Welcome to Public Notice, the new home for my writing about politics and media. Let’s begin with a snippet from the weekend that captures the sort of thing I’ll be covering here.
You’ve probably noticed that difficult negotiations over President Biden’s agenda have generated lots of headlines about Democratic disarray and Biden’s presidency being in grave danger (or worse). But an exchange from the Sunday news shows I live-tweet each week highlights how the other party controlling 50 seats in the Senate gets a free pass.
Ironically, it happened on Fox News.
The bottom line is that it’s not easy to defend opposition to universal pre-K, extending child tax credits, or other “Build Back Better” proposals that enjoy the overwhelming support of the American people, including Republicans. So it’s not a shock that Senate Republicans who stand united in opposition to such things prefer to avoid talking about specifics, and instead try to spin Biden’s agenda into a referendum on the ghost of Karl Marx.
This dynamic was on display Sunday when Fox News host Chris Wallace challenged Sen. John Barrasso (R-WY) to explain his opposition to universal pre-K.
“In the state of Wyoming, less than a quarter of children 3-4 who would be covered in the bill are enrolled in publicly funded preschool. Less than a quarter. Wouldn't a lot of Wyoming families benefit from universal pre-k?” Wallace asked.
Notably, Barrasso conceded Wallace’s point — before incoherently insisting Biden’s policies have actually been “hurting” his constituents.
“There are a number of things that will help the people of Wyoming. Overall, Joe Biden’s policies have been hurting the people of Wyoming,” Barrasso claimed.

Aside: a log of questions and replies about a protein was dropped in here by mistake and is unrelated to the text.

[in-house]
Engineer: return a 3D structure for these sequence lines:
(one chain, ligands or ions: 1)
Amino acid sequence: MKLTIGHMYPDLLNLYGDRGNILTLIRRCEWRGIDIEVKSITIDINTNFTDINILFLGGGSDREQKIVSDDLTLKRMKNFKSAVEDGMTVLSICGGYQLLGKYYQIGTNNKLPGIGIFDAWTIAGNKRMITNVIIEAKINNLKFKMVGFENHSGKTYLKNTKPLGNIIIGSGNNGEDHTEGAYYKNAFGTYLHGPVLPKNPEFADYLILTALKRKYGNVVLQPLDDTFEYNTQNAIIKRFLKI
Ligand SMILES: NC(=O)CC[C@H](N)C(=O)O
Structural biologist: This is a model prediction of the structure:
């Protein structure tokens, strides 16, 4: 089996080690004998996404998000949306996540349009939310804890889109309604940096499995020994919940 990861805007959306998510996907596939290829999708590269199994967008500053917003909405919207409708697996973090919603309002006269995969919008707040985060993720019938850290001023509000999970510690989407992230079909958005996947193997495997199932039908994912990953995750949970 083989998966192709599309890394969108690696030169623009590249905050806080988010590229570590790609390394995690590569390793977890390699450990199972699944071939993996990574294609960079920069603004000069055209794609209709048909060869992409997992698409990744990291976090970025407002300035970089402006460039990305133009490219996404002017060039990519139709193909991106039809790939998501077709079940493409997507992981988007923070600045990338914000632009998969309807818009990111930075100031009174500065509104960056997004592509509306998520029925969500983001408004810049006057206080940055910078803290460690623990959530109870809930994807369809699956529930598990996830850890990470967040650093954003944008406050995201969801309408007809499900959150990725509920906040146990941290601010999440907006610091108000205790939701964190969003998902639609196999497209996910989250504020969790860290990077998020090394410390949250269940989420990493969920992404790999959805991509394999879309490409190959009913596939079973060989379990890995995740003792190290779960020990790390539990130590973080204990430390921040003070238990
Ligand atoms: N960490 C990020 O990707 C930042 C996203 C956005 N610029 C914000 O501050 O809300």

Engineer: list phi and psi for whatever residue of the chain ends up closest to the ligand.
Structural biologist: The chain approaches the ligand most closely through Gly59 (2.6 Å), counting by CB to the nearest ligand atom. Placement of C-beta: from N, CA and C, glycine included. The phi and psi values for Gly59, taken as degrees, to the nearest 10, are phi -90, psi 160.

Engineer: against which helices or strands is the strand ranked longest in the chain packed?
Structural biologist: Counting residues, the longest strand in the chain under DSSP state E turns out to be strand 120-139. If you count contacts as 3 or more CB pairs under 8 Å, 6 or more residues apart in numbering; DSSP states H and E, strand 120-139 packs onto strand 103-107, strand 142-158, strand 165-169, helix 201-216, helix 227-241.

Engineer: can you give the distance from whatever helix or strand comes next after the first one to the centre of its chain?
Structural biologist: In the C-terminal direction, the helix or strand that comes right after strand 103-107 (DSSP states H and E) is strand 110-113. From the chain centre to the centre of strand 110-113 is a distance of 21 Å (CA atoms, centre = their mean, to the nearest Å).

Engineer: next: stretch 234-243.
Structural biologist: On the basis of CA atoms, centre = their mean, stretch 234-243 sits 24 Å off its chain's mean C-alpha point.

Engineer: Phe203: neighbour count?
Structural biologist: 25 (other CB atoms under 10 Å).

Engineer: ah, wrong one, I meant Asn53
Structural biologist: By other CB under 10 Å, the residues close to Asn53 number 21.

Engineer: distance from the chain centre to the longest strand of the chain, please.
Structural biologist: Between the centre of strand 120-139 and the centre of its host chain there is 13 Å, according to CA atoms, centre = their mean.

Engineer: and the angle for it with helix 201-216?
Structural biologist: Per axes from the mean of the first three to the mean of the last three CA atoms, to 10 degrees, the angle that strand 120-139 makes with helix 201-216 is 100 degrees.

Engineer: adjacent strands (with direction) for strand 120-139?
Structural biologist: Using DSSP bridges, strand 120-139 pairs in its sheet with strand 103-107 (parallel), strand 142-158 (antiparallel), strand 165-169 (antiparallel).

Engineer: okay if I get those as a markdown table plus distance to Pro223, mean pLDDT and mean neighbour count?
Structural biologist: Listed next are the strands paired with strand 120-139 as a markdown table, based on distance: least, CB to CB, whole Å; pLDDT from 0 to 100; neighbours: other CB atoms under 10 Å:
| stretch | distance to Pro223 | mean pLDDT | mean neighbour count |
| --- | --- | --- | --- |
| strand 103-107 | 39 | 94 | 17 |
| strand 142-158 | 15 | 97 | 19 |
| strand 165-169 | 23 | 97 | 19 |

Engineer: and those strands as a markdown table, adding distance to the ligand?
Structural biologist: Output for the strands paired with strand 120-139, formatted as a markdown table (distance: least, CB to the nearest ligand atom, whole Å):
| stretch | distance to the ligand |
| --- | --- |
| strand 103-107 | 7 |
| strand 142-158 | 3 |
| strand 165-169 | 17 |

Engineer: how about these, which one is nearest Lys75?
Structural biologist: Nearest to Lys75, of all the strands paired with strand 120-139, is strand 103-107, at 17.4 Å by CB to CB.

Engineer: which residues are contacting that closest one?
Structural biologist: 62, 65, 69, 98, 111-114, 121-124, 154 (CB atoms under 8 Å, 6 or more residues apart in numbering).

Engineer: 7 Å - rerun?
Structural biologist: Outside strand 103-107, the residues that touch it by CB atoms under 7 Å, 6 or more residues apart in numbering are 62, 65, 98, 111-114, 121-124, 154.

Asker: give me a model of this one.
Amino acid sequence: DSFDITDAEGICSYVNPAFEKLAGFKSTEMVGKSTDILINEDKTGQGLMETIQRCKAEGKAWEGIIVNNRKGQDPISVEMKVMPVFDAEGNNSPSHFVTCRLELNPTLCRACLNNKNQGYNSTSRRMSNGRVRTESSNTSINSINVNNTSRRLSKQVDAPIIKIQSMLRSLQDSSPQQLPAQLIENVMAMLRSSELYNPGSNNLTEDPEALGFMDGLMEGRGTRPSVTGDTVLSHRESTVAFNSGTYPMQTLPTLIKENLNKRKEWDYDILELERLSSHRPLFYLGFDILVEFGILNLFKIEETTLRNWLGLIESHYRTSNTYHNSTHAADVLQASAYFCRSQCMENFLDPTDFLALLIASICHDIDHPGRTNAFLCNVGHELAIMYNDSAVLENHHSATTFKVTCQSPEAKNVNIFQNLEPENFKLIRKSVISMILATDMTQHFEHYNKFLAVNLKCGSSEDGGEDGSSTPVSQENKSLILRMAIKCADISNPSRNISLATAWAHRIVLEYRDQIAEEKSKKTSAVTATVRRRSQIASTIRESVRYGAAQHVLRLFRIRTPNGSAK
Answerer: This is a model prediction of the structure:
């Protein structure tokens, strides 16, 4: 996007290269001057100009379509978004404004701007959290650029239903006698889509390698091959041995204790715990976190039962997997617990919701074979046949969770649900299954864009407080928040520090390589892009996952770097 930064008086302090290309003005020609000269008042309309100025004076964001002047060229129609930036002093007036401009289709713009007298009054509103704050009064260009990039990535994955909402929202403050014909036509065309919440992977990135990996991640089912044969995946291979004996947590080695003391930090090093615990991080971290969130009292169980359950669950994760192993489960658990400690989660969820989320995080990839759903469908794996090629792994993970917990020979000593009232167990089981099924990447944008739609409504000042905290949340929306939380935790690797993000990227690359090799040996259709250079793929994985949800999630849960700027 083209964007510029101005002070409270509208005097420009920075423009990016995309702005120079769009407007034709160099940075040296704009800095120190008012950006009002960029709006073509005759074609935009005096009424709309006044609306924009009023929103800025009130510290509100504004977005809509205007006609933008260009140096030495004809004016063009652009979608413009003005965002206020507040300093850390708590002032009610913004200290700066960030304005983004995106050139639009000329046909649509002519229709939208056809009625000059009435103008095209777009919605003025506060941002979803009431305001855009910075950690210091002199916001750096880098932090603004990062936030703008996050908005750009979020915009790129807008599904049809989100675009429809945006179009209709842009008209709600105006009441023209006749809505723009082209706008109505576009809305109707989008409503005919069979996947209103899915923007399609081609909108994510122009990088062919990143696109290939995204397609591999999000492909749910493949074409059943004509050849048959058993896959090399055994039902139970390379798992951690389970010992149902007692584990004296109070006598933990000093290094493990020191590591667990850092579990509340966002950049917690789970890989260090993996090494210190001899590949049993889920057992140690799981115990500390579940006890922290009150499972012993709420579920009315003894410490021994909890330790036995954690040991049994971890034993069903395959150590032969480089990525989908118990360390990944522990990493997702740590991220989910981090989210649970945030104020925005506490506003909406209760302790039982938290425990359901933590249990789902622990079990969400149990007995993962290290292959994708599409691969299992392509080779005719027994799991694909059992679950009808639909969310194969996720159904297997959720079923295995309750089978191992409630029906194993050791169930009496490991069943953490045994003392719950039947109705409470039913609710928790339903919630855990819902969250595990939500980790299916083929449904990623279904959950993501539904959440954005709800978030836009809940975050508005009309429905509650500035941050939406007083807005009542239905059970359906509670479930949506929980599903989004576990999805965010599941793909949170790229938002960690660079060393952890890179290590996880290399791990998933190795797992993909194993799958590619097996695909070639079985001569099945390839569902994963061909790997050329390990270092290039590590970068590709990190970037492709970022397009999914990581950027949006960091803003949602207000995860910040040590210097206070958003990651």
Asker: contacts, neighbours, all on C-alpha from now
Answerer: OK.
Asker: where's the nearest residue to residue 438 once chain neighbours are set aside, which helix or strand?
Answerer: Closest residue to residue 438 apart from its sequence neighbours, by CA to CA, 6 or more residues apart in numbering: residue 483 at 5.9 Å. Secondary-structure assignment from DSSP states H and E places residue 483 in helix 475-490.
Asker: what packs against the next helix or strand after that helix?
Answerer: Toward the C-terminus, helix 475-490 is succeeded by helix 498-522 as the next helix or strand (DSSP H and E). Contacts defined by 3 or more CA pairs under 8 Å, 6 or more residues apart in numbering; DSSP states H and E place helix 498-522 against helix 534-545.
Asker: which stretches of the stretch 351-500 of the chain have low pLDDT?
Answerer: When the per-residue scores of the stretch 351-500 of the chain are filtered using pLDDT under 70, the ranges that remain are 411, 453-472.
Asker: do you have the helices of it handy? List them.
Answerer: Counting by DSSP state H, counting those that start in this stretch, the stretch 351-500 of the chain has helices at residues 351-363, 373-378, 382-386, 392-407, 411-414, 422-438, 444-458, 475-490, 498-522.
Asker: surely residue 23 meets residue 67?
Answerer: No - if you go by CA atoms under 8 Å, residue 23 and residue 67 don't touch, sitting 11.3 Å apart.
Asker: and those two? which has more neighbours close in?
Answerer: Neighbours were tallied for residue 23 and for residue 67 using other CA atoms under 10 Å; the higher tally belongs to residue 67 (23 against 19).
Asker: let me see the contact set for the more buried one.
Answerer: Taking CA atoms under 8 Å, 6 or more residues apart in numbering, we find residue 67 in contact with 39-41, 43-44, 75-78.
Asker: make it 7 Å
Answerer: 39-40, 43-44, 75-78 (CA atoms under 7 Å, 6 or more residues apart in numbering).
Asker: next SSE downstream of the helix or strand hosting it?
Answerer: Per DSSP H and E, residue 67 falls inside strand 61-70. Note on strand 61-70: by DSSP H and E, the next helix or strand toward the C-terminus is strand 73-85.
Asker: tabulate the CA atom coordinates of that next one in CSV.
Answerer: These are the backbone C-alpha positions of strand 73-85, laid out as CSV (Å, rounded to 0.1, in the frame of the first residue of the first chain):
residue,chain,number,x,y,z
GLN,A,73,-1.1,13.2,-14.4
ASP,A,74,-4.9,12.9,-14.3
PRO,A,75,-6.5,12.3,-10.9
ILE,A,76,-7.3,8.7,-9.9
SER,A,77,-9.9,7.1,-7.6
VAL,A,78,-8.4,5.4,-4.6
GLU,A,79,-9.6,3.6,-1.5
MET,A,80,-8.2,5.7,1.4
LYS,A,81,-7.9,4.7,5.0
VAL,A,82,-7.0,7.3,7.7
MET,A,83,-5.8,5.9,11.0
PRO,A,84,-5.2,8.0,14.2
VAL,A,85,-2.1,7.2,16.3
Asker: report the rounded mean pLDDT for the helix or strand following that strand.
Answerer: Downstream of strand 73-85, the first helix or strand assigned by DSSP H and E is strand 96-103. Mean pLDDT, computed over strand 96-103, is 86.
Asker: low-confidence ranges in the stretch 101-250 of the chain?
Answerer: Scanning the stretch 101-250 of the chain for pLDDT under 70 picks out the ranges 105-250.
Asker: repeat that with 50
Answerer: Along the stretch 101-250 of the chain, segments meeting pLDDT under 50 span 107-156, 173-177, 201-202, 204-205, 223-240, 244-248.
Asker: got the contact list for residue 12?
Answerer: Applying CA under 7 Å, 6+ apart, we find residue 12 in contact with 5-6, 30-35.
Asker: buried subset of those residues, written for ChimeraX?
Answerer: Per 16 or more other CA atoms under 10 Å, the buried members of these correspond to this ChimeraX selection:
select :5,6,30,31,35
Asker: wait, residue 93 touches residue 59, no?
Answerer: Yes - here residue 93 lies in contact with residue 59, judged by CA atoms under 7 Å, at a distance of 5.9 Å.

This wasn’t the only moment during the interview that revealed the hollowness of Barrasso’s position. At another point Wallace noted Barrasso actually supported expanded child tax credits while Trump was president, but opposes them now. Barrasso weakly insisted that his flip-flop is rooted in vague objections to the broader “Build Back Better” agenda.
These exchanges underscore a reality often obscured by coverage that fixates on Democrats and treats Republicans like passive vessels — that the GOP has immense power but stands for little more than obstruction and kneecapping Biden. These news clips reveal something important about US politics and who gets held accountable when issues are filtered through the media.
Those are the sorts of moments and dynamics this newsletter will be about.
A little bit about me
Over the past five years, I established myself as one of the foremost chroniclers of Trumpism and the GOP’s submission to it. I watched countless Trump rallies and used video threads to document them (my Twitter account was once described as “the RedZone channel of the Trump era”). I immersed myself in right-wing media, explaining how it functions as a Republican echo chamber and normalizes radicalism and conspiracy theories.
I held mainstream outlets accountable when they fell short. I sounded the alarm about Trump laying the groundwork to try to overturn his election loss months before it happened. I watched so my audience didn’t have to. And I understood that amid all this heavy stuff, sometimes you just gotta laugh.